RockMelt, the secretive company backed by Web browser pioneer Marc Andreessen, launched its first beta of the RockMelt browser Nov. 7 with a mind to create a more social Web surfing experience.
RockMelt lets users browse the Web similar to browsers Microsoft Internet Explorer, Mozilla Firefox, Google Chrome, Apple Safari and Opera.
However, RockMelt lets users share information on Facebook and Twitter within the context of the browser window.
The new browser has framed the browsing experience-literally-with people's contacts from Facebook, tweet streams from Twitter and other Web content.
Facebook contacts appear along the left edge of the browser window after users log into RockMelt via their Facebook e-mail and password, thanks to the browser's integration with Facebook Platform.
The right side of RockMelt includes buttons for accessing the Facebook News Feed, Facebook Profile, Twitter tweet stream and timeline.
An "add feeds" button in the right edge bar lets users further customize RockMelt by adding RSS feeds for favorite Websites. Tired of using Google Reader? RockMelt allows users to access their feeds right within the social context.
RockMelt also offers push notifications, alerting users when a new story comes out, a friend posts new pictures or a new video is available.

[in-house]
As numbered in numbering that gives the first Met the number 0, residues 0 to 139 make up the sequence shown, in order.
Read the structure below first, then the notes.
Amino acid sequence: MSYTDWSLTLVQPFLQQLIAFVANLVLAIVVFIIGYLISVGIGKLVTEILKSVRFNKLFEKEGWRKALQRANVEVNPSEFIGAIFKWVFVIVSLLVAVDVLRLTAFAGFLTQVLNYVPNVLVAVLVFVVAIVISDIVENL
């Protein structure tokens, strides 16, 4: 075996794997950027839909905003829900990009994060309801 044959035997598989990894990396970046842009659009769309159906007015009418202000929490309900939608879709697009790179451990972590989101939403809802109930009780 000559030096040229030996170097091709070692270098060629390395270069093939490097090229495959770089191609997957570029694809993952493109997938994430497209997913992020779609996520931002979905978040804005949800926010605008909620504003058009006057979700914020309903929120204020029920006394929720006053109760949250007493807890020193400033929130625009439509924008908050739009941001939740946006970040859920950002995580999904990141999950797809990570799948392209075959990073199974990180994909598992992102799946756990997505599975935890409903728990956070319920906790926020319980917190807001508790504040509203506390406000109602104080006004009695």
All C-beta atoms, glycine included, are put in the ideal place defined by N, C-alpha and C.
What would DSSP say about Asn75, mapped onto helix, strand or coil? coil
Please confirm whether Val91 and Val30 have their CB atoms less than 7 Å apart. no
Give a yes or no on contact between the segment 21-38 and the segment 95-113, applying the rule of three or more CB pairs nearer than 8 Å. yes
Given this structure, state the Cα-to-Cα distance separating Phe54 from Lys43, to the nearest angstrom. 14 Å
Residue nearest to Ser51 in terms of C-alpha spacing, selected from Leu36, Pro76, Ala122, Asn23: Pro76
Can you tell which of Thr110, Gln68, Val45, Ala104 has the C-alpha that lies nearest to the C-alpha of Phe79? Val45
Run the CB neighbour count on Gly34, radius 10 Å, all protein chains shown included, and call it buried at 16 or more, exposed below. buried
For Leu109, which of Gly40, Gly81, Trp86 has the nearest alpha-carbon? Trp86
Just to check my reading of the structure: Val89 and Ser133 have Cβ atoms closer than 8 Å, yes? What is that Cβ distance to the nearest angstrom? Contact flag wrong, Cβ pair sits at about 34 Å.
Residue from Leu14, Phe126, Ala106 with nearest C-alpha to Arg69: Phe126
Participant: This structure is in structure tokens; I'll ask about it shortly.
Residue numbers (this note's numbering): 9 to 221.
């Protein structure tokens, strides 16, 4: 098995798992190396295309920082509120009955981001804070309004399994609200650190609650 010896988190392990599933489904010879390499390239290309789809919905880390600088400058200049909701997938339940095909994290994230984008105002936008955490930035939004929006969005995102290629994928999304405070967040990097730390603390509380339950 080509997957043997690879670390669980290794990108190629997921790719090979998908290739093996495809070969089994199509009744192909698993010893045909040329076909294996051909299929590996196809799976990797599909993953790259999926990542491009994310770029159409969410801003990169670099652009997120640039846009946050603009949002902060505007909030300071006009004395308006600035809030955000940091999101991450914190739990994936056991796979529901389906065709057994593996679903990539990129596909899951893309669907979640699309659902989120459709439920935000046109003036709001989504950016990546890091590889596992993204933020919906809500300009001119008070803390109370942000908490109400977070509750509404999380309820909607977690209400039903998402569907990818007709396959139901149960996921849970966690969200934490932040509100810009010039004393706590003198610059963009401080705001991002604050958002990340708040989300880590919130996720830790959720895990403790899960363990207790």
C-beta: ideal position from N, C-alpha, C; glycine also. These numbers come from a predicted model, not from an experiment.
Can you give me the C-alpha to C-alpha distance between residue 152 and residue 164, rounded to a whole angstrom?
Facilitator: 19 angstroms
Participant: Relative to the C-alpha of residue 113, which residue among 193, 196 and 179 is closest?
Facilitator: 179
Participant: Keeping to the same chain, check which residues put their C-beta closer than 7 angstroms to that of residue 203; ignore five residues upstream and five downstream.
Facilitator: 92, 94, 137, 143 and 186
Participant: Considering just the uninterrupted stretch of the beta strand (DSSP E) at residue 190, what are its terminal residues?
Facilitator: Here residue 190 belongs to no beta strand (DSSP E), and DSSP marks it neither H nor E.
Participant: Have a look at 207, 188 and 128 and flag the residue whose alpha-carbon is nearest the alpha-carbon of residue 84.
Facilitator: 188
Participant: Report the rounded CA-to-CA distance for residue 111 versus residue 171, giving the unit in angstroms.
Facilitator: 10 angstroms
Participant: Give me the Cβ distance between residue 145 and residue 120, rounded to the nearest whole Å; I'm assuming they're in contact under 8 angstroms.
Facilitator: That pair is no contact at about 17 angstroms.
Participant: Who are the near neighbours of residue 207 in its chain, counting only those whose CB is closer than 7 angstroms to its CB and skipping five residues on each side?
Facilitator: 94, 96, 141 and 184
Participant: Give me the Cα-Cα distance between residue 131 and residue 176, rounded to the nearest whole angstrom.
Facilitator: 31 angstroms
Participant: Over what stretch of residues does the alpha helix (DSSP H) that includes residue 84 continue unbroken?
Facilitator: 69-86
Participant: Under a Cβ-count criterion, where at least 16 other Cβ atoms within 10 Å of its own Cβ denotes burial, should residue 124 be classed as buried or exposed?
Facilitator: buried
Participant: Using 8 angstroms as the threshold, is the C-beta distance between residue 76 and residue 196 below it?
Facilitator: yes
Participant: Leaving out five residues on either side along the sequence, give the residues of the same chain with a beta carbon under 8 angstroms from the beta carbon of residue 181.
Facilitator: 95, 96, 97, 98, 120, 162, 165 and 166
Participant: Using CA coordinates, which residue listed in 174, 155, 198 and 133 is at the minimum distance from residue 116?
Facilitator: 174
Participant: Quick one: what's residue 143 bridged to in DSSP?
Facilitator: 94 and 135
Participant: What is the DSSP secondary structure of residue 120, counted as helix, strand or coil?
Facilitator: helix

Why surface all of these social connections within the browser? Easier information sharing.
Today, people tend to open multiple browser windows within browsers, including one to search Google.com, one to check tweets on Twitter and one to connect with friends on Facebook. With RockMelt, users can post status updates to Facebook and tweets to Twitter without going to those Websites.
RockMelt enables users to take URLs from Google, RSS feeds and other content they find while surfing in RockMelt and blast the content out to their Facebook and Twitter feeds, all with a single click, without having to jump from one browser tab to the next.
Because Facebook friends are integrated directly into the browser, users can easily pop open a chat window to message them.
Search is a treat in RockMelt, too, as the browser lets users preview search results in Google, Yahoo, Bing or other engines, before clicking on them.
RockMelt, built with the Chromium open source code that supports Chrome, has a fine pedigree. The company was formed in November 2008 by Tim Howes and Eric Vishria, both of whom worked with chief RockMelt backer Andreessen at Opsware.
News about RockMelt began bubbling up in earnest in August 2009, but the company operated in stealth mode until this launch, which is a limited beta.
The browser will try to compete against Chrome, Firefox and IE, something the pioneering social browser Flock failed to successfully do when it launched in 2007.